AP answers your questions on the news, from state immigration bills to sucking up spilled oil

Friday, May 21, 2010

Ask AP: Immigration bills, sucking up spilled oil

It’s a simple idea that makes sense, at least in theory, as a solution to the Gulf oil spill: Why not just suck up the oil with a massive vacuum device?

A query about the feasibility of such an approach is one of the questions in this edition of “Ask AP,” a weekly Q&A column where AP journalists respond to readers’ questions about the news.

If you have your own news-related question that you’d like to see answered by an AP reporter or editor, send it to newsquestions@ap.org, with “Ask AP” in the subject line. And please include your full name and hometown so they can be published with your question.

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I saw a story in the paper with the headline, “Pennsylvania legislators hope to mirror Arizona’s immigration bill,” and I was wondering: Are many other states following suit?

Robert Wainwright

Johnstown, Pa.

After Arizona Gov. Jan Brewer signed a controversial bill against illegal immigration April 23, Republican lawmakers in Minnesota, Pennsylvania and South Carolina introduced similar legislation in their state capitols.

The effort in Minnesota died when the legislative session ended May 17, and the bid in South Carolina appears headed for the same fate as lawmakers prepare to adjourn June 3. The legislative session in Pennsylvania runs to early December but the bill has shown little traction yet.

Ann Morse, who monitors immigration legislation for the National Conference of State Legislatures, said lawmakers are wary about paying for anticipated legal challenges and will likely wait to see how the Arizona law fares in court. A lawsuit filed by major civil rights groups Monday in Phoenix, the fifth legal challenge, asks a federal judge to declare the measure unconstitutional and block it from taking effect in late July.

“It seems to me unlikely that something would pass this year,” Morse said.

A Texas legislator, meanwhile, plans to introduce a similar bill in next year’s legislative session.

Elliot Spagat

Associated Press Writer

San Diego

On the Gulf oil spill: I’ve read that they’ve attempted to burn the oil, contain it with booms and have microbes eat it, but all have failed due to weather and sea conditions. Isn’t there some vacuum-type suction device that could suck up at least some of the oil from the surface?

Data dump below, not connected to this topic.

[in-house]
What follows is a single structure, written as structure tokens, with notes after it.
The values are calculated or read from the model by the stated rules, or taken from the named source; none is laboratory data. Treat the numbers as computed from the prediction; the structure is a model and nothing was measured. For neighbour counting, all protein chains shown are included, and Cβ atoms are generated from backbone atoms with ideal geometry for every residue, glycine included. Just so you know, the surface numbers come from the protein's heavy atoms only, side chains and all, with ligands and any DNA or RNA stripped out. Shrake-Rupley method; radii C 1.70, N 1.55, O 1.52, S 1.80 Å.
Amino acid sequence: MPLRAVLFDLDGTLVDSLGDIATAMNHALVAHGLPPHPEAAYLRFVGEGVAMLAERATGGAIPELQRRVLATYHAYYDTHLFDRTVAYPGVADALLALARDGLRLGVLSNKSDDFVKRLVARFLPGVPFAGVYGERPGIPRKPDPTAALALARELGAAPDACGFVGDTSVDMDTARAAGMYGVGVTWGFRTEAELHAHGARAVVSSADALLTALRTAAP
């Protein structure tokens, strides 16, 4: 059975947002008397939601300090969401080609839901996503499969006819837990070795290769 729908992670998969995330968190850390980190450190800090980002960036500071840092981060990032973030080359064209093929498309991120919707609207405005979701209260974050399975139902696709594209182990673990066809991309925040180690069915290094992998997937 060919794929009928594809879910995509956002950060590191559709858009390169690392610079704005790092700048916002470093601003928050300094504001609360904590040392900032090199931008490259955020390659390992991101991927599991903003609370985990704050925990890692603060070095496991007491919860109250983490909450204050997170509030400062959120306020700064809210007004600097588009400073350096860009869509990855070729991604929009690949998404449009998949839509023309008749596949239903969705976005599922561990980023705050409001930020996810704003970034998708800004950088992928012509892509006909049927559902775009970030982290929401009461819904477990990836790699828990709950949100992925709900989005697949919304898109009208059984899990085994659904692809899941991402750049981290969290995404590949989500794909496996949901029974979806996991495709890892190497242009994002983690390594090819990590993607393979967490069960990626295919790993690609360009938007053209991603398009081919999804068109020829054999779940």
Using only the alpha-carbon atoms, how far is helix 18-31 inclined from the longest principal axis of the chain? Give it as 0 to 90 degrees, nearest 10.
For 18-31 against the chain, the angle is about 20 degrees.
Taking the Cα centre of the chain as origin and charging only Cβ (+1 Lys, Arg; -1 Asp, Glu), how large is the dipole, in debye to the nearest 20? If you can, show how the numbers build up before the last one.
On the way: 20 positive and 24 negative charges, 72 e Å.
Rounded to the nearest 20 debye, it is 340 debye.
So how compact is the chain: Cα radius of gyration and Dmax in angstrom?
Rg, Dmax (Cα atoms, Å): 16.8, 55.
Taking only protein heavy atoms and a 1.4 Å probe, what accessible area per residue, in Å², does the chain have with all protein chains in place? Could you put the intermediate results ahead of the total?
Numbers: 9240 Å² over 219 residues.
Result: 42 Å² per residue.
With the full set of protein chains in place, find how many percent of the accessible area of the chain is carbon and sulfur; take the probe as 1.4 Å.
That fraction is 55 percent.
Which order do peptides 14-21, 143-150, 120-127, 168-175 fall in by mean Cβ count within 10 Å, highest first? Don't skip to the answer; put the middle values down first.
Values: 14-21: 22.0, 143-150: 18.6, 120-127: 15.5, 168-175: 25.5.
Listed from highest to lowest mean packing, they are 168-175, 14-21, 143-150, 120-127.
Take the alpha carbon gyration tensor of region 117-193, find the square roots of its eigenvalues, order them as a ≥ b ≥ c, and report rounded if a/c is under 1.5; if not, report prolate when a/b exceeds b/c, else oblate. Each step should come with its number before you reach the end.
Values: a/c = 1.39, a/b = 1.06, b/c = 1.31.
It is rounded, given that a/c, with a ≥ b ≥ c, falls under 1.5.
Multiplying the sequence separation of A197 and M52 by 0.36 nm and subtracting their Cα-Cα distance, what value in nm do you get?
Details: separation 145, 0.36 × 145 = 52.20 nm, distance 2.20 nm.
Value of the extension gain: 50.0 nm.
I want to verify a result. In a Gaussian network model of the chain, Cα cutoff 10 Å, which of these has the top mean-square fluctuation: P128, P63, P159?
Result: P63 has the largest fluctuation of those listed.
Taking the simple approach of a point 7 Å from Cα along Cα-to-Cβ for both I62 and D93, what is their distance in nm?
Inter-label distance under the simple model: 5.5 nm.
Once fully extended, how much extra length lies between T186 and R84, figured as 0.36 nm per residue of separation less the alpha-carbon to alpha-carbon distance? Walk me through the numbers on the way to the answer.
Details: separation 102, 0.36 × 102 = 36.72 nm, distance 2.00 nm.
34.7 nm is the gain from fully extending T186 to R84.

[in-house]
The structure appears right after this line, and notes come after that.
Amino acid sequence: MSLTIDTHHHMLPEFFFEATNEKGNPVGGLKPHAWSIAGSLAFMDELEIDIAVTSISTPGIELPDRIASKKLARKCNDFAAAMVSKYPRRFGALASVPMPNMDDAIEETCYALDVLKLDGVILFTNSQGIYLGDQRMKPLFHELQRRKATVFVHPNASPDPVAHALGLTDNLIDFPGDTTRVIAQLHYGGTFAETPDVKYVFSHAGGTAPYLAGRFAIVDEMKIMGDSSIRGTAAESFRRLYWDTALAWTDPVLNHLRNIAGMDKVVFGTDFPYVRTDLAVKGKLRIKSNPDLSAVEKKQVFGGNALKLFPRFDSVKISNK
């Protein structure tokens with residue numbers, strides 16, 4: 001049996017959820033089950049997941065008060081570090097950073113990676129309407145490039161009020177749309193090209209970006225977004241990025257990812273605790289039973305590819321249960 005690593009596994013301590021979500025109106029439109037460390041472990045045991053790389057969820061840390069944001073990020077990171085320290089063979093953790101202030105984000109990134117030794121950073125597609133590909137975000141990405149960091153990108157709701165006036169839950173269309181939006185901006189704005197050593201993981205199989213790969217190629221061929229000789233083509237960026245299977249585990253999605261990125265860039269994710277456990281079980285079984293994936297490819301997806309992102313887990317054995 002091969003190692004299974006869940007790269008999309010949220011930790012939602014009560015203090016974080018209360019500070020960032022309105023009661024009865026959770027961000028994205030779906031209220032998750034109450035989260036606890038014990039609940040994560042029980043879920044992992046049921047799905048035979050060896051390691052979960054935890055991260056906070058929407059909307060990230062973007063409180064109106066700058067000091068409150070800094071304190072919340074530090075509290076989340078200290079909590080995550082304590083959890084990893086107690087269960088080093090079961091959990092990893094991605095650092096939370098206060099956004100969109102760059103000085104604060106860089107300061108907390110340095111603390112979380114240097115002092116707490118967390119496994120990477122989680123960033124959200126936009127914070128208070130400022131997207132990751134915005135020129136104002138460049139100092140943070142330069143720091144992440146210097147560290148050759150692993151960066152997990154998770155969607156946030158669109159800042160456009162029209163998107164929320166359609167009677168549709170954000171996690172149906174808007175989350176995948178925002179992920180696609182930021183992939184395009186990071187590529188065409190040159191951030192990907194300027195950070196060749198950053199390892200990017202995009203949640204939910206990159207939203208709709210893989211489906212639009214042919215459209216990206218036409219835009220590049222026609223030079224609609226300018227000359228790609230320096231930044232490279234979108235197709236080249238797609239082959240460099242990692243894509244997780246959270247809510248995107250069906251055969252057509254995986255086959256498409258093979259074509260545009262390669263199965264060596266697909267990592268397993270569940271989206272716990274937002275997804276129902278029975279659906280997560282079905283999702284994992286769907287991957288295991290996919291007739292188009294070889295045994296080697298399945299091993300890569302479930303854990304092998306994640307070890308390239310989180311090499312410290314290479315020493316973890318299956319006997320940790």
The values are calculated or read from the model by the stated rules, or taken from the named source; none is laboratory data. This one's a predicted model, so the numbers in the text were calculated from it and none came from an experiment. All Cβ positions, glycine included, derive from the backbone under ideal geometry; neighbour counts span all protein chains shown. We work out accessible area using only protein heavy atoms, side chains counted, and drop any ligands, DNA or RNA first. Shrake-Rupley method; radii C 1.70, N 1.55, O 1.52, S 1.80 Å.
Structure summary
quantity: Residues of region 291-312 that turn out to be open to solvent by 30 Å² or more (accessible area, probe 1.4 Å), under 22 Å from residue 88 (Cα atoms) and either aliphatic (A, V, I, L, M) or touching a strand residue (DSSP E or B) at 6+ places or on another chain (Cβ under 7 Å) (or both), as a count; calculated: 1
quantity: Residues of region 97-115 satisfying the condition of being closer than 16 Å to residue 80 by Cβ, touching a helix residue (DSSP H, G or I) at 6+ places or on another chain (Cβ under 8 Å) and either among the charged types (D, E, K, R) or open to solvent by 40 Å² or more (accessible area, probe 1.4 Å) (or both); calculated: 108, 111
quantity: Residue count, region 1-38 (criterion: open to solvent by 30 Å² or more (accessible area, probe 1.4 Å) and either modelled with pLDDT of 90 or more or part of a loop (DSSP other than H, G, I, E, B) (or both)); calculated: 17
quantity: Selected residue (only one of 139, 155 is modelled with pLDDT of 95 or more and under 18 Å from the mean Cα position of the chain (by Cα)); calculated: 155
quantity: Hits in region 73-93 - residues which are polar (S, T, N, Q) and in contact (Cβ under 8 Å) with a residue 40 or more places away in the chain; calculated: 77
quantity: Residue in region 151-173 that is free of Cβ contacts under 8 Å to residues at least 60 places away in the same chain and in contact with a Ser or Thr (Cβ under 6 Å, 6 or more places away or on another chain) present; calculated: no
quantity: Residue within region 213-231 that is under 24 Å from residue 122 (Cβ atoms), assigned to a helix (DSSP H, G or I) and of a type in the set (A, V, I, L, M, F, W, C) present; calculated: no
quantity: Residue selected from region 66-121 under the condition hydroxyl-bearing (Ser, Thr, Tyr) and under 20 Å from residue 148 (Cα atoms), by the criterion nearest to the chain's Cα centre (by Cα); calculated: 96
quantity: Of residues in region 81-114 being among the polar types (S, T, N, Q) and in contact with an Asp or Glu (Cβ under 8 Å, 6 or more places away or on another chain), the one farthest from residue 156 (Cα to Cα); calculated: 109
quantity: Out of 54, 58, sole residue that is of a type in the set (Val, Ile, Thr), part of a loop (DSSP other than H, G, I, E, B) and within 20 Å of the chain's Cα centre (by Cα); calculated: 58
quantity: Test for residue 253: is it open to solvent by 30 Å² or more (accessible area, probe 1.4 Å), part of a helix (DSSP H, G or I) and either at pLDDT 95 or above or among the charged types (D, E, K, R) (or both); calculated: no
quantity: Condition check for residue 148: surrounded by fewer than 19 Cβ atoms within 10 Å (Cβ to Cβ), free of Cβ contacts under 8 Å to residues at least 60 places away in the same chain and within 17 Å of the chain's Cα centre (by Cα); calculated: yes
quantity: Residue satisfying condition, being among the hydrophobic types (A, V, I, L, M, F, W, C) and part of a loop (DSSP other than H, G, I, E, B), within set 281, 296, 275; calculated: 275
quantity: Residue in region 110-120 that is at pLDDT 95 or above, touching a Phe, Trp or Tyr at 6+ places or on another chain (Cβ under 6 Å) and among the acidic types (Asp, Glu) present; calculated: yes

Sonja Hric

Portland, Ore.

BP is using chemical dispersants to fight the oil spill, but at least one high-profile advocate has convinced the company to employ devices that essentially would vacuum up the oil.

Kevin Costner has invested more than $24 million to develop centrifuge devices designed to clean water polluted by oil. He and a business partner, New Orleans attorney John Houghtaling II, successfully lobbied government officials to urge BP to lease the machines from their company, Ocean Therapy Solutions. On Tuesday, a BP official said the devices will be tested within a week.

Houghtaling says the devices are capable of cleaning up to 200 gallons of water per minute, or 210,000 gallons per day, by separating the oil and storing it in tanks.

Houghtaling said Costner has been working on the project for more than a decade, building on technology developed by the federal government, but hadn’t found any takers in the oil industry before this spill.

Mike Kunzelman

Associated Press Writer

New Orleans

Is there any way to obtain one’s credit score without having to pay for it online?

Van Kovacs

Vancouver, Wash.

When most people refer to a credit score, they are talking about a number in a range from 300 to 850 produced using a formula developed by FICO Inc. In general, each individual has three FICO scores, created based on the information filed with the credit reporting agencies TransUnion, Experian and Equifax. The scores may vary based on what information lenders and other companies provide to those agencies.

Federal law requires each of these companies to provide individuals with one copy of their credit report each year, but not their credit score. That may soon change — a proposed amendment to the financial reform legislation currently being debated by Congress would require one free credit score per year as well.

Right now, the only way to get a free score is to apply for a mortgage — if the lender that handles your application uses a credit score, it must be shared with you.

Each of the three agencies, along with FICO Inc. itself, sells access to scores.

Eileen AJ Connelly

AP Personal Finance Writer

New York

Have questions of your own? Send them to newsquestions@ap.org.

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